For Secretary Shultz -- a rugged first-year odyssey
When he stepped off his blue and white Air Force jet at 2:10 a.m. last Friday , a weary George Shultz did not have much time to reflect on the morning's headlines: Shultz Leaves Midwest Without Progress on Pullout Shultz Ends Trip to Mideast With No Pullout AccordSkip to next paragraph
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The secretary of state had just completed a 15-day, 25,000-mile trip through 10 countries. He had spent a total of 52 hours in the air.
Before arriving at Andrews Air Force Base outside Washington, Mr. Shultz had in one day alone met in Jerusalem with Israel's Prime Minister Menachem Begin, in Amman with Jordan's King Hussein, and in Cairo with Egypt's President Hosni Mubarak.
Shultz reached his brick home in suburban Maryland at about 2:45 a.m. (customs officials had delayed all the passengers, including the secretary of state), got to bed at 3:30, rose at 6, and was back at the State Department at exactly 7:50 a.m. for a day which included:
Briefings for Shultz on developments around the world, a progress report to the secretary on the East-West conference in Madrid, decisions on personnel matters and appointments, staff meetings on Central America and the Middle East, a National Security Council meeting on Central America, lunch with CIA director William J. Casey, and a Shultz briefing on the Middle East for President Reagan.
Unlike his predecessor, Alexander M. Haig Jr., Shultz doesn't worry too much about the daily headlines. If he did, he might not enjoy the few hours of sleep he has been getting these days.
Unfortunately for Secretary Shultz, what he has achieved after one year in office cannot be easily summed up in headlines. If one tried to describe his accomplishments so succinctly, it would make dull reading indeed: Shultz Defuses Pipeline Crisis Shultz Helps to Restore NATO Alliance Unity Shultz Brings Balance to East Asia Policy Shultz Returns Mideast Policy to Traditional Mainstream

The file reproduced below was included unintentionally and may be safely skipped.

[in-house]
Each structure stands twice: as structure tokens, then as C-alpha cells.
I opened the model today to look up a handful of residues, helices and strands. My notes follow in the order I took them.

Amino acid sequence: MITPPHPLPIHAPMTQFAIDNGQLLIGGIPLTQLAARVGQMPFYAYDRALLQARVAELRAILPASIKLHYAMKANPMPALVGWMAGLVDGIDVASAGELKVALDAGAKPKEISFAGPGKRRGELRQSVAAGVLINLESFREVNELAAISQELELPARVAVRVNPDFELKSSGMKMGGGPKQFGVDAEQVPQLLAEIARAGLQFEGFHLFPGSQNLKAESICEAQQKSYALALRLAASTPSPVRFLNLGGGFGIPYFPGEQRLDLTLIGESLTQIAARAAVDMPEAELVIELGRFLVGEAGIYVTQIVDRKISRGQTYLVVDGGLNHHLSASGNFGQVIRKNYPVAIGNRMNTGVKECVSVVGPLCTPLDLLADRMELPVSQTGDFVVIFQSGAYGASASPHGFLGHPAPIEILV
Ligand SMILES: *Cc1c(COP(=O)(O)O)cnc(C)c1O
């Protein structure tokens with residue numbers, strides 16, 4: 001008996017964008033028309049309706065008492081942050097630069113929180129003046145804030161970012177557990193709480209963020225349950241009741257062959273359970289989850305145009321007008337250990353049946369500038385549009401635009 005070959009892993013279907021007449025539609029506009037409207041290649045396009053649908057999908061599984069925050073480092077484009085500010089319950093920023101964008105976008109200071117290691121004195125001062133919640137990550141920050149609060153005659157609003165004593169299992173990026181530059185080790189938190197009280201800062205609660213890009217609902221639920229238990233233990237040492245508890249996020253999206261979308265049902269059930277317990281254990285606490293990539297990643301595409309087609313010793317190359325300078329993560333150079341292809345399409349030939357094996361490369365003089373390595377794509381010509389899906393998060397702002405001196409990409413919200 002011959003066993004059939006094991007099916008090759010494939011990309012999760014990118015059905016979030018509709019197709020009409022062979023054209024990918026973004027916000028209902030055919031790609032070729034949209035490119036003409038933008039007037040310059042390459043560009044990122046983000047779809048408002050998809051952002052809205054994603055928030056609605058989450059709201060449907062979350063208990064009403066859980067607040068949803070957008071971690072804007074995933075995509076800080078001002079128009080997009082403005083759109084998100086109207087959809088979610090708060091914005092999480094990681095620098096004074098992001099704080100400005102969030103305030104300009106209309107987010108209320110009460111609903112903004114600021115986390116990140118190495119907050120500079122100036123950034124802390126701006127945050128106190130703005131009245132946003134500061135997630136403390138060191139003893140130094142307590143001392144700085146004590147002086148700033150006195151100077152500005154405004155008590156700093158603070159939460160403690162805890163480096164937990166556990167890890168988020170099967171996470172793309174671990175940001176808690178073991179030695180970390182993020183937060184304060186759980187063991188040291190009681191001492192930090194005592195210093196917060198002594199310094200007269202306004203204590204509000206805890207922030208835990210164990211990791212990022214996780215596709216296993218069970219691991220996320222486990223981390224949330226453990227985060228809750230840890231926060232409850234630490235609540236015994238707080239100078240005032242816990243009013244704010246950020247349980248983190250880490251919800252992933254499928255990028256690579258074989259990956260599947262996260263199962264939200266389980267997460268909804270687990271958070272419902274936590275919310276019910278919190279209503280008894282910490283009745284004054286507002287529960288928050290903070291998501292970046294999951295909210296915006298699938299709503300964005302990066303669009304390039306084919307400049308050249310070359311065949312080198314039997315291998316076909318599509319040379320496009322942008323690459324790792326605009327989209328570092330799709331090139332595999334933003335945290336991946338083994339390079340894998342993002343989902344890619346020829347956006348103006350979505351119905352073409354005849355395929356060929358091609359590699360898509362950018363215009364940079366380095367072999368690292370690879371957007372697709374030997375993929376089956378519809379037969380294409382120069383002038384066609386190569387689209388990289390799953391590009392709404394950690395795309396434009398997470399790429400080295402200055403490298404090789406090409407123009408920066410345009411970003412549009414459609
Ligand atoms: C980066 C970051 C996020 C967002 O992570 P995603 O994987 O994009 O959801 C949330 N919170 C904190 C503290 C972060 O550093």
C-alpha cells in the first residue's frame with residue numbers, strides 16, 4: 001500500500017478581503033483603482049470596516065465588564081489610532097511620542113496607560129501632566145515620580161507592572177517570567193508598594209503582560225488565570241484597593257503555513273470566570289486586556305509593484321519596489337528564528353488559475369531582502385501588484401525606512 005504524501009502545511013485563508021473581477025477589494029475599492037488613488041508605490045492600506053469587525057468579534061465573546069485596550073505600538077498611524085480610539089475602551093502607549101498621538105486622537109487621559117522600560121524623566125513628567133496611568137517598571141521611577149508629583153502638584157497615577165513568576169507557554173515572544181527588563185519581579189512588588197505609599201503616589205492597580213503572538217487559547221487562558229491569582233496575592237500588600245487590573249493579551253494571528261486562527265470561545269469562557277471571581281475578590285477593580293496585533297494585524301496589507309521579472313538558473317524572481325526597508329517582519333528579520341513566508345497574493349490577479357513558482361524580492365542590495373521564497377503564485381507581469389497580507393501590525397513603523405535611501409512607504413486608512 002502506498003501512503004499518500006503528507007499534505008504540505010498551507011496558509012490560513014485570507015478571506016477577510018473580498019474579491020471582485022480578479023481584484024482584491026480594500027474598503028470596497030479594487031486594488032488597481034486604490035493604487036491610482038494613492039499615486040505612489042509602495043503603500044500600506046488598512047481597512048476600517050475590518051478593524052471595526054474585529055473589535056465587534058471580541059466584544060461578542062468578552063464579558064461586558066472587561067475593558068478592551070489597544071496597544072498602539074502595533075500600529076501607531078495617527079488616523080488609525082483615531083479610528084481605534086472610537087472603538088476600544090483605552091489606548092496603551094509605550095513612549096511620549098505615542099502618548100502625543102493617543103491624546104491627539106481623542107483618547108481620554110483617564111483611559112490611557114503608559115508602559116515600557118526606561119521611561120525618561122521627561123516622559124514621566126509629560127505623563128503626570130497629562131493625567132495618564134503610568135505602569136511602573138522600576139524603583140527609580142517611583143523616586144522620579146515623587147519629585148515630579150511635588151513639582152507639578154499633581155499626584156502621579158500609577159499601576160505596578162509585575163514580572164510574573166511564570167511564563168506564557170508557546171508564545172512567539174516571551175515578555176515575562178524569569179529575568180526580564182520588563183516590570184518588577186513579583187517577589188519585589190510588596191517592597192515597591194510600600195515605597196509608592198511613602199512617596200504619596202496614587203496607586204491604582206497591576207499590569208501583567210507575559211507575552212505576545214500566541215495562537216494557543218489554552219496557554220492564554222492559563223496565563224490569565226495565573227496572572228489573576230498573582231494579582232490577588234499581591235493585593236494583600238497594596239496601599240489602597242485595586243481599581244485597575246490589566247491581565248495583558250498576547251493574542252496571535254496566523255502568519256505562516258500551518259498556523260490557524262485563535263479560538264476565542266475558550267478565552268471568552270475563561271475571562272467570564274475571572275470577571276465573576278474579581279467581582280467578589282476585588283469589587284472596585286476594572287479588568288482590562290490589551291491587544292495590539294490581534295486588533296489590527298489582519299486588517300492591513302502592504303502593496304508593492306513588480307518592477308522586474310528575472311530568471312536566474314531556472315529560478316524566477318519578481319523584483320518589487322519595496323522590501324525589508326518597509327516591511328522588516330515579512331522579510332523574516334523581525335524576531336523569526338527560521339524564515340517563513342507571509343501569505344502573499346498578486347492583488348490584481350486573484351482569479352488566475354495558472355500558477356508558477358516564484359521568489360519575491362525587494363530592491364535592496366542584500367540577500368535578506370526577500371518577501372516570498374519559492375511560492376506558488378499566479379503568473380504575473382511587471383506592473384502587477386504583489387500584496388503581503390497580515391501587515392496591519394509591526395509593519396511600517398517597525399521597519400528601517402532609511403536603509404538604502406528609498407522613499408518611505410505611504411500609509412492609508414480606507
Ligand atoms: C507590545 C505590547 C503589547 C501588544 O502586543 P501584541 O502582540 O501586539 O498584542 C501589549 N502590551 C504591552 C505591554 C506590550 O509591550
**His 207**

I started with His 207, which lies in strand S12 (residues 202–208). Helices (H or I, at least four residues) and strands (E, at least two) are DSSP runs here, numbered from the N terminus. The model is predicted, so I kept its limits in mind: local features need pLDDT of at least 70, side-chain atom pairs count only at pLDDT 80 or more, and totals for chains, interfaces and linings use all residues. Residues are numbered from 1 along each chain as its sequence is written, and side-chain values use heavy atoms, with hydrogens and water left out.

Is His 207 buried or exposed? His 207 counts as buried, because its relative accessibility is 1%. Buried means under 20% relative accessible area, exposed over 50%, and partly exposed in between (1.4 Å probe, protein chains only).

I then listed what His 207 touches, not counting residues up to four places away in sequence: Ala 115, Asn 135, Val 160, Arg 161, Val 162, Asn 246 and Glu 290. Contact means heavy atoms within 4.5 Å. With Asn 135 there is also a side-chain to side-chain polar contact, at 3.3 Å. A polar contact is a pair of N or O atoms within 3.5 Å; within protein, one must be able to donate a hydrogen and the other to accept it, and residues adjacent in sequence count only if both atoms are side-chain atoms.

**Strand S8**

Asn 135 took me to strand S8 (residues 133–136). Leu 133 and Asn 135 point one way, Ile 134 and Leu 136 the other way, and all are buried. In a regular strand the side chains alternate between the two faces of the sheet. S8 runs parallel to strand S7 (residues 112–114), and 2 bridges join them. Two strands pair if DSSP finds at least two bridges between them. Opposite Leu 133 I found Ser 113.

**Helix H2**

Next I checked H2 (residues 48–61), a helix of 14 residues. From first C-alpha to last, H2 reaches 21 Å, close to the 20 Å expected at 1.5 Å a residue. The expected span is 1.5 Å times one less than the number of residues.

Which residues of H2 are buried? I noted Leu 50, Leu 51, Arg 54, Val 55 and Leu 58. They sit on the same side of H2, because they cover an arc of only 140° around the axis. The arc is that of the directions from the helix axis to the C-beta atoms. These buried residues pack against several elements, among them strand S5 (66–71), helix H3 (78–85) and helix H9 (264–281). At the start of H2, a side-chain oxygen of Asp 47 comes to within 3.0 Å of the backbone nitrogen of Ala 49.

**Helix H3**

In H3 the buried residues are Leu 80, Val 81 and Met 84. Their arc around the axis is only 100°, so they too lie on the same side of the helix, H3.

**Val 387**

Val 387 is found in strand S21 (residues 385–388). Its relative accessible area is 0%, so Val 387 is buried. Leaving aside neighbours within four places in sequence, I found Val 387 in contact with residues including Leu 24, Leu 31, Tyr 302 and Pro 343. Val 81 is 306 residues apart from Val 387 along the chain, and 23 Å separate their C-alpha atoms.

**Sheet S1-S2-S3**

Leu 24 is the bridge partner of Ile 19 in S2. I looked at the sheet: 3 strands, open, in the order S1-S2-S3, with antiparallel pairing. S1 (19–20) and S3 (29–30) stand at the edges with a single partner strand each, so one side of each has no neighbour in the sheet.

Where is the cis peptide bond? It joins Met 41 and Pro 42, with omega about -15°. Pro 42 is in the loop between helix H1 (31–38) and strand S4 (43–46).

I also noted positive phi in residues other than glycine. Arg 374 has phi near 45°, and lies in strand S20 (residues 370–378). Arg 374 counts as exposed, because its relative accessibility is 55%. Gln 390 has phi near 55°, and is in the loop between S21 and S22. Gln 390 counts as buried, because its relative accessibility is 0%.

''He's not a specialist in the spectacular,'' says Shultz's executive assistant, Raymond G.H. Seitz. ''But the Asia part of his last trip was a very good example of solid, traditional diplomacy. . . . What Shultz has brought to the scene - this almost stolid person - is a sense of weight and stability.''
When Shultz took office a year ago, in July of 1982, Reagan administration foreign policy looked anything but stable. The United States was fighting with its NATO allies over their assistance to the Soviet Union for the building of a gas pipeline to Western Europe. General Haig's battles with the White House staff over this and other issues had received wide publicity. Middle East policy was adrift.
In his first months as secretary of state, Shultz played a key role in shaping a new Middle East policy, which restored negotiating momentum and gathered wide support both here and abroad. While not alienating the Israelis - some feared that he would prove to be anti-Israel - Shultz showed sensitivity toward the plight of the Palestinians. The policy which he and his advisers devised brought the Reagan administration back into line with basic principles embraced by previous administrations, both Democratic and Republican.
By gaining agreement from the West European allies to study restrictions on subsidized credits and technology transfers to the East-bloc countries, Shultz got President Reagan to drop his sanctions against European companies. He thus defused a crisis which was threatening the unity of the Western alliance. Shultz next managed to prevent what could have turned into a trade war with the Europeans.
The secretary played a lead role in preparing for the Williamsburg summit meeting of the industrialized democracies at the end of May. The summit was widely regarded as successful, partly because of Shultz's efforts to lower expectations and make the meeting informal.
Following in the footsteps of predecessor Haig, Shultz has helped to edge President Reagan away from his initial hostility toward international financial institutions such as the International Monetary Fund. By the time the problem of third-world debt became apparent in all its magnitude, the Reagan administration had been sensitized to the need to prevent panic among the banks, to work with the IMF, and to react, when it was needed, both swiftly and surely. It did just that when it put together major bailout loans for Mexico last year.
Shultz has given persistent and effective attention to the many economic problems which the US has with its neighbor to the north, Canada.
As an economist, Shultz has recognized the great potential for further economic growth in East Asia, already the world's fastest-growing region. While working to maintain a constructive relationship with Peking, he has eschewed the romanticism which has so often befogged American views of China. It has made no headlines, but Shultz has done a great deal to help correct what many regard as an imbalance in US policy. There has been a tendency in recent years to overemphasize China to the neglect of Japan, the world's second-largest industrial power. Through his old business firm, Bechtel, Shultz already knew a great deal about Japan. While encouraging the Japanese to do more to build the world economy and their own defenses, he has strengthened US ties with Japan.